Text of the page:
Shastri’s demise linked to Netaji?
Kolkata: Former PM Lal Bahadur Shastri’s sudden demise in Tashkent may have been linked to his views on Netaji’s disappearance and his efforts to form a second probe panel to solve the mystery, claim one of Shastri’s kin and an activist who is demanding declassification of the Netaji files.
Minutes before his death in Tashkent in 1966, Shastri had reportedly informed his family over phone that he would divulge something that would shift the country’s attention from the contentious Tashkent declaration that had just been signed. Shastri was also keen on setting up a second inquiry commission to probe the mysterious disappearance of Subhas Chandra Bose.
Activist and author Anuj Dhar says “Shastri was in favour of an unbiased inquiry. It might have revealed the truth, which would have been unacceptable to many. It is suspicious that he died soon after, without any illness and before he could reveal what he wanted to.”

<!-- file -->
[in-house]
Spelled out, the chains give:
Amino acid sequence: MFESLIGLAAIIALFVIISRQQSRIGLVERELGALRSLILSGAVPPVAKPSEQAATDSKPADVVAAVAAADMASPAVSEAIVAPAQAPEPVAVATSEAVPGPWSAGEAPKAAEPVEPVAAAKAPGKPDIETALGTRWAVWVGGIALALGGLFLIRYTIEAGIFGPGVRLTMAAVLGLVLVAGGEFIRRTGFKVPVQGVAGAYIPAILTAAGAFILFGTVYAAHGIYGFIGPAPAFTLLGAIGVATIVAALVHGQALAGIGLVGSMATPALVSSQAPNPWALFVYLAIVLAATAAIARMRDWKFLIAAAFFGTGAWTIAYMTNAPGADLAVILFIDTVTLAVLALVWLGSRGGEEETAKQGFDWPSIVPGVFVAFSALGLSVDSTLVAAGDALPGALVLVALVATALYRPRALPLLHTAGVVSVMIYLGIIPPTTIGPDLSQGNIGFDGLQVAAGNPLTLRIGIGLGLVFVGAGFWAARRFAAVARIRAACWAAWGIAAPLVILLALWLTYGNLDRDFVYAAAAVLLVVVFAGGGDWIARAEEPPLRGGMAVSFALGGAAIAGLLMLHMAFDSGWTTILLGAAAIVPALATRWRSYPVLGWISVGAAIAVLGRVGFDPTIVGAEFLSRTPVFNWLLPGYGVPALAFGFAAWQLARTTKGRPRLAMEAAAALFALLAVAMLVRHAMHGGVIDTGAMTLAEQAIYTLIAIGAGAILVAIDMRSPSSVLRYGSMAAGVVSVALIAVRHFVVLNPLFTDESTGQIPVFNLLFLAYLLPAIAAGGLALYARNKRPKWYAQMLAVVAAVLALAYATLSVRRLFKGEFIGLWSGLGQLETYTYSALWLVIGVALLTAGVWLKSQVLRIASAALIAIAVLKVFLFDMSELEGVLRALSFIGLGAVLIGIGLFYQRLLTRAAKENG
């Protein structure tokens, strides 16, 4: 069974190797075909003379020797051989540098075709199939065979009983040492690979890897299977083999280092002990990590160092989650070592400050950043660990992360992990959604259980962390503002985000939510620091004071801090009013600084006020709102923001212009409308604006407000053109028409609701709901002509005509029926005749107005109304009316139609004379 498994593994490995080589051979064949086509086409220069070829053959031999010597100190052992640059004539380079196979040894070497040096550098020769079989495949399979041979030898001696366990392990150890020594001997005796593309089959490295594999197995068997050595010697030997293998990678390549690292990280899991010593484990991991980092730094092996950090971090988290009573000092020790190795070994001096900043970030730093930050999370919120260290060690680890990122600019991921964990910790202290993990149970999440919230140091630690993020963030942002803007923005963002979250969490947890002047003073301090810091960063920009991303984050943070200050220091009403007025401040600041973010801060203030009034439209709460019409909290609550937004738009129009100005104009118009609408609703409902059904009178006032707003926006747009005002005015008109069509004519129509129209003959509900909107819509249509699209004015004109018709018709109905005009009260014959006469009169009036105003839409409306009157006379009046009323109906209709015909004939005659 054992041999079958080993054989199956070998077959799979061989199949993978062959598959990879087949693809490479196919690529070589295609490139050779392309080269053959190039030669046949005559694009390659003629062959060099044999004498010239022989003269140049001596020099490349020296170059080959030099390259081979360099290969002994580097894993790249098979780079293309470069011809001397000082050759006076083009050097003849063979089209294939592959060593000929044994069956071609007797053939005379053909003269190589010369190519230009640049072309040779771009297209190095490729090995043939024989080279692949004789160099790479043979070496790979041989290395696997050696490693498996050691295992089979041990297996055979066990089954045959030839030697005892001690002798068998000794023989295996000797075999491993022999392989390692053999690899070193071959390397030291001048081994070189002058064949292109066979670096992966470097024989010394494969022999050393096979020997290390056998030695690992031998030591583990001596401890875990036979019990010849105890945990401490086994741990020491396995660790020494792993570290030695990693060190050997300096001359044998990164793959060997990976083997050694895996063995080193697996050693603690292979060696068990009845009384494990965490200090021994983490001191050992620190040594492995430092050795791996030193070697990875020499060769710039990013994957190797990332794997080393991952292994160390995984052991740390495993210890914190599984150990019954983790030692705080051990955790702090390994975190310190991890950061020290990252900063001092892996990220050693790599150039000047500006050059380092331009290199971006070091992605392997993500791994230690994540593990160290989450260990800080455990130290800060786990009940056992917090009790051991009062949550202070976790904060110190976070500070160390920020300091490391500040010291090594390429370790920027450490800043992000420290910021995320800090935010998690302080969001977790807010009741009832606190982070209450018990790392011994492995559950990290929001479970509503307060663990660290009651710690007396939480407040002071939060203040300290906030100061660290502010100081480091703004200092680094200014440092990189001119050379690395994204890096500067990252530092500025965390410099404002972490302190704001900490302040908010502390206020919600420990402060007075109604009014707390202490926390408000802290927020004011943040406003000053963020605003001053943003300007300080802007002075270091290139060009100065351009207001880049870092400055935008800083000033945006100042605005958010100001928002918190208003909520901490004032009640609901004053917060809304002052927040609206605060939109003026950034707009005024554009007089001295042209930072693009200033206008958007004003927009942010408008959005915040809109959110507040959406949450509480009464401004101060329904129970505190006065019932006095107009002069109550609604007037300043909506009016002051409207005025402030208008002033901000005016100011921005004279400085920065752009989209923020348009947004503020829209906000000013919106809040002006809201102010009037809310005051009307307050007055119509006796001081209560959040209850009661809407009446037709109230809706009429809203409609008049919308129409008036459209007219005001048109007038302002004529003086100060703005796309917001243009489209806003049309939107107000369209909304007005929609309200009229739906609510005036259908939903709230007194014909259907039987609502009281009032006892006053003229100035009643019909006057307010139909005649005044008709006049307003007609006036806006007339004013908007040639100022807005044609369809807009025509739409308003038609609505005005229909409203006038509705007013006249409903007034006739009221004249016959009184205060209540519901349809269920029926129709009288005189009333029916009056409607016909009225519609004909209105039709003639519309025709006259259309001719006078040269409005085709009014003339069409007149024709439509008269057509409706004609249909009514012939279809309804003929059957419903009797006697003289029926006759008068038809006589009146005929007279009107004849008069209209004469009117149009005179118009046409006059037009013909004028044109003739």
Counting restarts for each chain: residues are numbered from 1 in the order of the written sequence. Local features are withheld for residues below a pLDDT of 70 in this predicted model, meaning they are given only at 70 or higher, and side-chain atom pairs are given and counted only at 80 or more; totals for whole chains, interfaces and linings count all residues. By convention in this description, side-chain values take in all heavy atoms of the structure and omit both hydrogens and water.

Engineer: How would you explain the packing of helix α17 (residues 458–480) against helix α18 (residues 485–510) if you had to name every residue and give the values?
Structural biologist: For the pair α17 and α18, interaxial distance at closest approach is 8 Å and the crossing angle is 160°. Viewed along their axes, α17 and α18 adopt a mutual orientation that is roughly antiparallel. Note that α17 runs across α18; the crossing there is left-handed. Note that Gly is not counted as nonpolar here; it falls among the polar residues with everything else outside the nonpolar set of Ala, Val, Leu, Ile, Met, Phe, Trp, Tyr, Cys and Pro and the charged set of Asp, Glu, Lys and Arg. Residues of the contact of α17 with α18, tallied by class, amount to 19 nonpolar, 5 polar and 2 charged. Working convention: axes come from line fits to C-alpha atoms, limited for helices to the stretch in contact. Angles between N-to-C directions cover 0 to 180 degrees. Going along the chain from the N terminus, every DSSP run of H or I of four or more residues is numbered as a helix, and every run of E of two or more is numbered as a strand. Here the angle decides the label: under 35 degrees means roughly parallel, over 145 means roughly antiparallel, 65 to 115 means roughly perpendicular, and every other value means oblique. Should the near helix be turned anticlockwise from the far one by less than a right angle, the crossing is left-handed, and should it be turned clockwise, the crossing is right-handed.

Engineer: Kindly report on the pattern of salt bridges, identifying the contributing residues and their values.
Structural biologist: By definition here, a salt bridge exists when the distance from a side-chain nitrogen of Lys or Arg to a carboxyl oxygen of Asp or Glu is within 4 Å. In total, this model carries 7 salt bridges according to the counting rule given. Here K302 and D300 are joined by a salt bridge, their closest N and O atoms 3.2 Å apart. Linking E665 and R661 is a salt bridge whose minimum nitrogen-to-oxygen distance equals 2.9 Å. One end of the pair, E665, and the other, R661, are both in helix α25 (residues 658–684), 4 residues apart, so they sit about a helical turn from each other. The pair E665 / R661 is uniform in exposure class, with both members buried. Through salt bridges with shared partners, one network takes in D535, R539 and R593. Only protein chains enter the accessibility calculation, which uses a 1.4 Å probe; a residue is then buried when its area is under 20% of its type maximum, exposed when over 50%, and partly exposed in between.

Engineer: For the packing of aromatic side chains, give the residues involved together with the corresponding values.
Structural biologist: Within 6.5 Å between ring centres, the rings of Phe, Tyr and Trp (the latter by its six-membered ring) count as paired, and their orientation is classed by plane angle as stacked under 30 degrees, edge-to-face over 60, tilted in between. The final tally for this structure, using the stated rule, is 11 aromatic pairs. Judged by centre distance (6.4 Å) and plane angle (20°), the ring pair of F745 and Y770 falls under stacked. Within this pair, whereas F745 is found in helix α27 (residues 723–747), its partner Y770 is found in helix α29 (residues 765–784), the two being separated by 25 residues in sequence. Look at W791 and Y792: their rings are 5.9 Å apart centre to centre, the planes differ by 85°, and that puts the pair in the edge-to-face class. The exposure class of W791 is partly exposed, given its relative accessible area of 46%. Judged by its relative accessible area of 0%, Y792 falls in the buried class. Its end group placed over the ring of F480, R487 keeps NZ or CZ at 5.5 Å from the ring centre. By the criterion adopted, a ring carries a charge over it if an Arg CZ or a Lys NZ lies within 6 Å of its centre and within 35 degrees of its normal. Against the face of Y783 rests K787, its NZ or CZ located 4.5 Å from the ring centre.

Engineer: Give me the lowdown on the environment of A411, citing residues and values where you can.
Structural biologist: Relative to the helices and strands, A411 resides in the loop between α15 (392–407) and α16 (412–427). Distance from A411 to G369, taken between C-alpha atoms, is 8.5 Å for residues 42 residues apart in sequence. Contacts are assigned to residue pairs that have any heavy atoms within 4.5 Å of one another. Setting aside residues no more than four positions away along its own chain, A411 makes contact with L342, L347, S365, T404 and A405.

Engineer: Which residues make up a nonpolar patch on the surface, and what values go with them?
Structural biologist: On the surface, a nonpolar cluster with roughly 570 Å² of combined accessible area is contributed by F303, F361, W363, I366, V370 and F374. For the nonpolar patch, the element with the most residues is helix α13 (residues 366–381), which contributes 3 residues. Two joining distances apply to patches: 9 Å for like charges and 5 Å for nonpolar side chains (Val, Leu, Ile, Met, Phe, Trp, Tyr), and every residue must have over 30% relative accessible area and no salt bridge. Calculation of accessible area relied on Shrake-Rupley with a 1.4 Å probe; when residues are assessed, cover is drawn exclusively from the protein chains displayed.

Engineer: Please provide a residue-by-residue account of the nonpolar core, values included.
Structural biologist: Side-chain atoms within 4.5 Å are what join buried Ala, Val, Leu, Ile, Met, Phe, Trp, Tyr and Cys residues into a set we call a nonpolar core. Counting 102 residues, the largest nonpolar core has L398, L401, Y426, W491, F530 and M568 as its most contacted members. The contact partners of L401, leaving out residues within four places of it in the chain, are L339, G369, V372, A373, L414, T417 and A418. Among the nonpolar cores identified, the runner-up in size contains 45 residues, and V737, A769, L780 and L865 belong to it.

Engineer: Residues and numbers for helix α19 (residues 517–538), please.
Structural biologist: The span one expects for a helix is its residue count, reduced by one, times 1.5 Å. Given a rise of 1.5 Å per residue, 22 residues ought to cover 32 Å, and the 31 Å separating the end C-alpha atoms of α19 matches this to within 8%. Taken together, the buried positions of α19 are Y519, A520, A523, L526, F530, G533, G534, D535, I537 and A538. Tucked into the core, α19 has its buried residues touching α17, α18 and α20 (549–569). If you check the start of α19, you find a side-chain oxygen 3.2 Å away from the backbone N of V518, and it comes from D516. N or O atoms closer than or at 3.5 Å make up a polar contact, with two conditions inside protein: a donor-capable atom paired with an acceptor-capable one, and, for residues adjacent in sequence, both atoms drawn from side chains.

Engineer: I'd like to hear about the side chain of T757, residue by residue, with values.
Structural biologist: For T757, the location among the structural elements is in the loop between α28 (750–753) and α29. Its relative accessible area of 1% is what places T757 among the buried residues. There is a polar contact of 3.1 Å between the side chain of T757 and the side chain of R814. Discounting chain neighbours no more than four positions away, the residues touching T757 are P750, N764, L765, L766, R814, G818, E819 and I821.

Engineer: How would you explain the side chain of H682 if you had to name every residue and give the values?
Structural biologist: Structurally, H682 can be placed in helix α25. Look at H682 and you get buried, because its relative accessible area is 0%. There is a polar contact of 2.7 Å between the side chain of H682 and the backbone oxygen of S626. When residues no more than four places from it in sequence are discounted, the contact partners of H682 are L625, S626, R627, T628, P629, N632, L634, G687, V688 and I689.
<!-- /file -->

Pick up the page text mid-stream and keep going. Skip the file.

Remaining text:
In response to an RTI filed by Dhar, the PMO had admitted in 2009 that it had one document relating to Shastri’s death which could not be disclosed as it could harm foreign relations.
Shastri’s grandson San- jay Nath Singh says the PM had spoken to his family over phone less than an hour before he was declared dead in Tashkent. Singh, who was nine then, was present in the room when he had called. “He wanted to know the reaction to the Tashkent agreement. When he was told that the opposition had made a ruckus over it, he said that he would soon disclose something that will make the country forget the controversy. About 45 minutes later, we got a call saying he was very ill. It was followed by another call in 10 minutes which said he was dead ” says Singh.